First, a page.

3. Congratulations, Steve.   I look forward to your Wildflower posts every day. Much love to you and to Eve from Ariana and Michael down here in soggy Houston.                                                    Michael.


    June 4, 2021 at 6:16 AM

    • Same to you guys from a similarly soggy Austin, where the forecast holds chances of more rain every day through next Tuesday. With the pandemic gradually lifting, let’s hope we can get together soon.

      Steve Schwartzman

      June 4, 2021 at 7:50 AM

  4. Congrats!! Decade but not decayed. Seriously that’s impressive, maintaining a high standard for your main photographic theme, as well as coming up with all the unexpected topics you’ve introduced. So, one of the best blogs bar none, you’ve set a high bar and included countless interesting sidebars. It’s a bit early for a drink, but cheers.

    Robert Parker

    June 4, 2021 at 6:23 AM

  5. To paraphrase a common Texas saying, I wasn’t here at the beginning, but I got here as soon as I could. Thanks to your portraits, I’ve learned more than I would have anticipated about both our native plants and photography.The etymological lessons and humorous wordplay are, of course, lagniappe.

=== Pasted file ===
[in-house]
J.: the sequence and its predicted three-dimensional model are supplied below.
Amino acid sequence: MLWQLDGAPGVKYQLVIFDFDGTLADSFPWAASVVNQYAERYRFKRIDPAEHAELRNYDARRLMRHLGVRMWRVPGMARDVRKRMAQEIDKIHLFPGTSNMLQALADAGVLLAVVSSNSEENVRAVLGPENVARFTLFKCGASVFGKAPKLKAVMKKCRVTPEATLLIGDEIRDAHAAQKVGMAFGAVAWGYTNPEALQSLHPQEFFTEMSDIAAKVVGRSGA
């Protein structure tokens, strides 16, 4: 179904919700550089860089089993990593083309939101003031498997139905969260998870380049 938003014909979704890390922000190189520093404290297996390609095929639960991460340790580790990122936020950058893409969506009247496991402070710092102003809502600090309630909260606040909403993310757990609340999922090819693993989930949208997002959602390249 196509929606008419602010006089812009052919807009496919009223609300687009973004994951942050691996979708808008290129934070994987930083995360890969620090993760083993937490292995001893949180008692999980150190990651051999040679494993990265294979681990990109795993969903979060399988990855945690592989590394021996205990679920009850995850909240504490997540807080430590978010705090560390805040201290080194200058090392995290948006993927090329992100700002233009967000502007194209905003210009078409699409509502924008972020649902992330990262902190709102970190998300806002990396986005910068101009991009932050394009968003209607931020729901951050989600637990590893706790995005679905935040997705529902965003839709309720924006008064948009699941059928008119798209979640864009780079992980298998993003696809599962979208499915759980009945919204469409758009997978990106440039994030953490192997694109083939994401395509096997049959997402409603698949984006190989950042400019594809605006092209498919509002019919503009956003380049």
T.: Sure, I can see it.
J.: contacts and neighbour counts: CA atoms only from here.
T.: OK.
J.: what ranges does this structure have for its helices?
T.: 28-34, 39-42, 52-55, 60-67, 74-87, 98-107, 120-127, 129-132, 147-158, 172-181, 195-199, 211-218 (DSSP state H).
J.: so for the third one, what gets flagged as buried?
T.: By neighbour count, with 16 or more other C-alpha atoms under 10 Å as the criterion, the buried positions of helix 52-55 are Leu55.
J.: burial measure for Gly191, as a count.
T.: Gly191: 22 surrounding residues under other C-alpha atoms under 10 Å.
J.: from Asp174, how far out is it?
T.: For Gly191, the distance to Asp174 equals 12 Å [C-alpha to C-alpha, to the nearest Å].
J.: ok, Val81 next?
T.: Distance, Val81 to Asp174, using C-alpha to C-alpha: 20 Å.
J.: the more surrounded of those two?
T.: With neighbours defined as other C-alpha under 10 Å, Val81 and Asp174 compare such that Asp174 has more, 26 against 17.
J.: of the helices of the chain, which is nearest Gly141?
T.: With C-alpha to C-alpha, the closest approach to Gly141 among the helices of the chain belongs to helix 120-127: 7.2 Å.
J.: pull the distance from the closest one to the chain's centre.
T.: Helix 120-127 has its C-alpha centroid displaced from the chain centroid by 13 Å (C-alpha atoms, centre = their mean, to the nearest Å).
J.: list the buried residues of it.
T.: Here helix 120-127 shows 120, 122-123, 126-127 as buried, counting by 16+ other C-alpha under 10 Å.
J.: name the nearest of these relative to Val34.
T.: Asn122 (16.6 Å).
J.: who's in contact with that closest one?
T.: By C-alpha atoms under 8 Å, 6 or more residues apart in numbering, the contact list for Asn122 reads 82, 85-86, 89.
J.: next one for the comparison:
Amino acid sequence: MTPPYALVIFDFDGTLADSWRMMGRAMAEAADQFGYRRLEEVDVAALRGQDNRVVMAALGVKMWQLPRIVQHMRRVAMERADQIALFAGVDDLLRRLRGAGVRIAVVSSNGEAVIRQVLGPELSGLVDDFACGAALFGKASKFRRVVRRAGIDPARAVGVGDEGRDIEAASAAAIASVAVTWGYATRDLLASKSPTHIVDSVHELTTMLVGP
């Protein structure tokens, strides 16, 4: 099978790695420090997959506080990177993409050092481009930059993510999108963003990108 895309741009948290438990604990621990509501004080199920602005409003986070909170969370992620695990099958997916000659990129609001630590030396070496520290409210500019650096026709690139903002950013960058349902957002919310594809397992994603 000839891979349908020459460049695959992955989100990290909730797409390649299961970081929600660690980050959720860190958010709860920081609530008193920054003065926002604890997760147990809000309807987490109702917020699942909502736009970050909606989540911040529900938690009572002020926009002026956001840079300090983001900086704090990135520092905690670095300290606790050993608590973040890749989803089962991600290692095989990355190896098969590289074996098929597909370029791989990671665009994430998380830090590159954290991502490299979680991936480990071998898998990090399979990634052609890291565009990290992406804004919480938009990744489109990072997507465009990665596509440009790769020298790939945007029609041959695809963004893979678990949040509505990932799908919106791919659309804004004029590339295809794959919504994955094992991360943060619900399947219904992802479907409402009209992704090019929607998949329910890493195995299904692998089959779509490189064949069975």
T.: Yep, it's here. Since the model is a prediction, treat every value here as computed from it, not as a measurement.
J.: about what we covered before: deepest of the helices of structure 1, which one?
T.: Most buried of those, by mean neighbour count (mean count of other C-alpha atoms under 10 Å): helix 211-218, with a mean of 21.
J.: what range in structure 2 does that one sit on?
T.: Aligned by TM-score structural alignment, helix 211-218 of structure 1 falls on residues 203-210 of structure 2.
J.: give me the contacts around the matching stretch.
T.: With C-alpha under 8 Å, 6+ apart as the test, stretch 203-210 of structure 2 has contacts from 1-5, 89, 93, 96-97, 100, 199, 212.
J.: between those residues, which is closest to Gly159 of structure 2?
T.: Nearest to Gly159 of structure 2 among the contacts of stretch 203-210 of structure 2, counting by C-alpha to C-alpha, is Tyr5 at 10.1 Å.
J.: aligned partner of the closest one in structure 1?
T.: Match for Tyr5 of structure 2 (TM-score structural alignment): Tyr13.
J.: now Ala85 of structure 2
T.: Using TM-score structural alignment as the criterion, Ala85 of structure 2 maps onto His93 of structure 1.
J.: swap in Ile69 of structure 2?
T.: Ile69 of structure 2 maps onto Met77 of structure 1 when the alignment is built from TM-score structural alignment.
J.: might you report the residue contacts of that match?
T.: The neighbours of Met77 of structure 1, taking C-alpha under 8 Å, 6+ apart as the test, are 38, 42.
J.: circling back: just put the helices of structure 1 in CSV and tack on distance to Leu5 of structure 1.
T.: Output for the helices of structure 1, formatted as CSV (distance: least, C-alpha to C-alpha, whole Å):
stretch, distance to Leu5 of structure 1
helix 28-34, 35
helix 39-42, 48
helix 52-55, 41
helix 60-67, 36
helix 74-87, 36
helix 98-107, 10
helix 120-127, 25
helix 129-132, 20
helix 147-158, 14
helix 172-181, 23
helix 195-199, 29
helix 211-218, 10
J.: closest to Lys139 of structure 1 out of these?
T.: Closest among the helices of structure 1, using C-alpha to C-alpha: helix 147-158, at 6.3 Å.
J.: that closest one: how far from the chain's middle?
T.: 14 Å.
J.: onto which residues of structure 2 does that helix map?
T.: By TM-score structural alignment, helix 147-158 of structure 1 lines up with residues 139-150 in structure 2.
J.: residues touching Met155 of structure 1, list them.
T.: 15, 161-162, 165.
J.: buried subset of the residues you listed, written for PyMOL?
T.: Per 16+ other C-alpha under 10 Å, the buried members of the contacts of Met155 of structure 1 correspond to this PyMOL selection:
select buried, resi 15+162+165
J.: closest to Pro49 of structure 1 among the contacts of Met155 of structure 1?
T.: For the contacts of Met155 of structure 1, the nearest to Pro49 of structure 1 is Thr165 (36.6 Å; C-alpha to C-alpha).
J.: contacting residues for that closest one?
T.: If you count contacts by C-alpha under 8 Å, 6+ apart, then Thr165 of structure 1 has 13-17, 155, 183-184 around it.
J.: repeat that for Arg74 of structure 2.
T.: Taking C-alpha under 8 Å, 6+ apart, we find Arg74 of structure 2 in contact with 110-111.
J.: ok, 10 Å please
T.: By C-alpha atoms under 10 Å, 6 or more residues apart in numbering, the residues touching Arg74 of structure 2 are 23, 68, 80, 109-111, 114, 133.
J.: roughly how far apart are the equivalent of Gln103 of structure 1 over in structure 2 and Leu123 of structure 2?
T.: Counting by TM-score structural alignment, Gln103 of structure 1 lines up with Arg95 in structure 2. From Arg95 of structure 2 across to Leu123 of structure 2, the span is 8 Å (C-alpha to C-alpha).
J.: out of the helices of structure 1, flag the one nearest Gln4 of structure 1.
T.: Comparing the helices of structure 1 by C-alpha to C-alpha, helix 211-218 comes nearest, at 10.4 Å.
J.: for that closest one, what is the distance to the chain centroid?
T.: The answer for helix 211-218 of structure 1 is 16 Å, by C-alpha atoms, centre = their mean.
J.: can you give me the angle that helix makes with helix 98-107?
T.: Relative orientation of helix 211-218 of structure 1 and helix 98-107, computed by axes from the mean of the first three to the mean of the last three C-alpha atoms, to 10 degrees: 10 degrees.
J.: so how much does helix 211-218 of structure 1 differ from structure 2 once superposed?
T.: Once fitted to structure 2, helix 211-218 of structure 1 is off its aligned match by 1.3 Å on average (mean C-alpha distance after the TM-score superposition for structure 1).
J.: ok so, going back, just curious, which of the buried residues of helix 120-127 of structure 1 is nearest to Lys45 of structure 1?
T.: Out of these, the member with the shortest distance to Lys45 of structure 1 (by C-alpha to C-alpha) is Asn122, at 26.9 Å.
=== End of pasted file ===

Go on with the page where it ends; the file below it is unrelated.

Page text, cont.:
I had to smile at the sight of this passionflower. I’ve seen only one of these, and it was blooming not ten feet from the unusual purple pleatleaf I posted today. When I looked at the USDA map, it was interesting to see how patchy the plant’s appearance is in the state, and it was another reminder that the maps aren’t always the final word. I found mine in Tyler County, despite its presence not being indicated on the map.


    June 4, 2021 at 6:30 AM

    • And thanks for being a faithful reader and commenter for so long, plus a game word player yourself. You’ve reminded me once again of the the interesting etymology of lagniappe: